Wednesday, April 18, 2018 by Isabelle Z.
One of the hottest topics being debated in bioethics right now is the concept of conceiving a child using the sperm or egg of a dead person. For example, a man’s frozen sperm could be used after his death for in vitro fertilization or artificial insemination, or a woman’s frozen eggs could be used to create a child using IVF and the resultant embryo could be implanted into another woman’s womb. Not surprisingly, this approach is being met with a lot of ethical and legal questions.
Right now, Ireland is mulling legislation that would allow people to use the reproductive cells of their deceased partners or spouses to conceive children posthumously. Eggs and sperm could be donated by a person before they die or extracted from their corpse shortly after they pass away. However, the person must have consented to such a move while they were still alive.
The bill was already discussed earlier this year, and a final version may be drafted and presented to parliament soon. The bill would require the children created by the procedure to be carried inside the womb of the relationship’s surviving female partner.
Similar legislation has been considered in the U.S., Israel and Canada. In the U.S., a New York police detective’s daughter was born in 2016, two years after her father was murdered. His wife of three months asked doctors to extract sperm from his body and preserve it on the night of this death. U.S. laws are a bit fuzzy regarding posthumous conception, experts say, but post-death reproduction is generally allowed if specific consent is in place.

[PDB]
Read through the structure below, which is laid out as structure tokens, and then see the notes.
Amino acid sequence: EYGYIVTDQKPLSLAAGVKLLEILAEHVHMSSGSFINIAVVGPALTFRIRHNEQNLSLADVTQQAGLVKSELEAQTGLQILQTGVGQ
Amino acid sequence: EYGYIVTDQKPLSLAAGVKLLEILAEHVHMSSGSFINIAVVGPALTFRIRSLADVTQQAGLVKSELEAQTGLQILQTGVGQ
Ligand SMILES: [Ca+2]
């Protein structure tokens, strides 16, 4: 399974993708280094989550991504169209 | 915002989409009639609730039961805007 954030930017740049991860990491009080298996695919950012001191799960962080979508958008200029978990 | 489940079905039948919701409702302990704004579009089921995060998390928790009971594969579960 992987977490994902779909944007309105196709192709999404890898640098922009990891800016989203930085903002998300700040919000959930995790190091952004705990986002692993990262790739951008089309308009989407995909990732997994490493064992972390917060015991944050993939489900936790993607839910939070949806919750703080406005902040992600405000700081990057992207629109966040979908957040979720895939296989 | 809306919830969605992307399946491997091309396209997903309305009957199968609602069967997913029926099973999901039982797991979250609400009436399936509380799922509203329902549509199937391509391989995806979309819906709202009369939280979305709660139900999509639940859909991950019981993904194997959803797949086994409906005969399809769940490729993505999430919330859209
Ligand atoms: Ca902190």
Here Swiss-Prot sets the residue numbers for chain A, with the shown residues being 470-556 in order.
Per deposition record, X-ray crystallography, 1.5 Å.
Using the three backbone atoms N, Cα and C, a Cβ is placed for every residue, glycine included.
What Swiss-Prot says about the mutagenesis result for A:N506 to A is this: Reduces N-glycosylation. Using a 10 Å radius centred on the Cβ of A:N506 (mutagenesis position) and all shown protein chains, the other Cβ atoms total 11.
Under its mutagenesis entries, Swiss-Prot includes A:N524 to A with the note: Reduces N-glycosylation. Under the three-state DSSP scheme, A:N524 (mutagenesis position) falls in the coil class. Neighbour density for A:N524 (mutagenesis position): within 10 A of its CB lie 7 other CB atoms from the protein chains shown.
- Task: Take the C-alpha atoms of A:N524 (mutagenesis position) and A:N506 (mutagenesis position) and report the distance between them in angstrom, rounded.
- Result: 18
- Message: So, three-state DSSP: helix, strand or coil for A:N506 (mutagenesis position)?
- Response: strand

In Israel, around 5,000 adults have already set up “biological wills” that say they want their sperm or eggs to be frozen and then used to conceive offspring should they pass away prior to having children. Many of these were put in place by soldiers in the Israeli Defense Forces. In France, however, posthumous conception is forbidden under any circumstances.
Bioethicist C. Ben Mitchell pointed out some of the potential ethical issues posed by such a move. For example, he said that bringing a child into the world with just one parent not only raises ethical issues but also emotional, relational and psychological issues for the child throughout their lifetime.
Others argue that it’s a basic human right that should not be regulated by law and that the lack of regulation regarding such practices can send people to seek potentially risky procedures.
Frozen embryos are another consideration that poses bioethical questions. In 2014, for example, a 2-year-old in Texas stood to inherit 11 frozen embryos following the murder of both his parents. What exactly can a 2-year-old do with frozen embryos?
There are also some legal questions to consider regarding these procedures and matters like inheritance. For example, could a second spouse try to divert inheritance from the dead partner’s children with a first spouse by conceiving a child?
These are the types of problems that must be dealt with when you interfere with nature. Modern science is capable of great things, but how far can people go with playing god before it all gets out of hand? Is creating the living from the dead a beautiful way to honor a lost loved one, or is it taking science too far?
Read MedicalExtremism.com for more investigations into “extreme medicine.”
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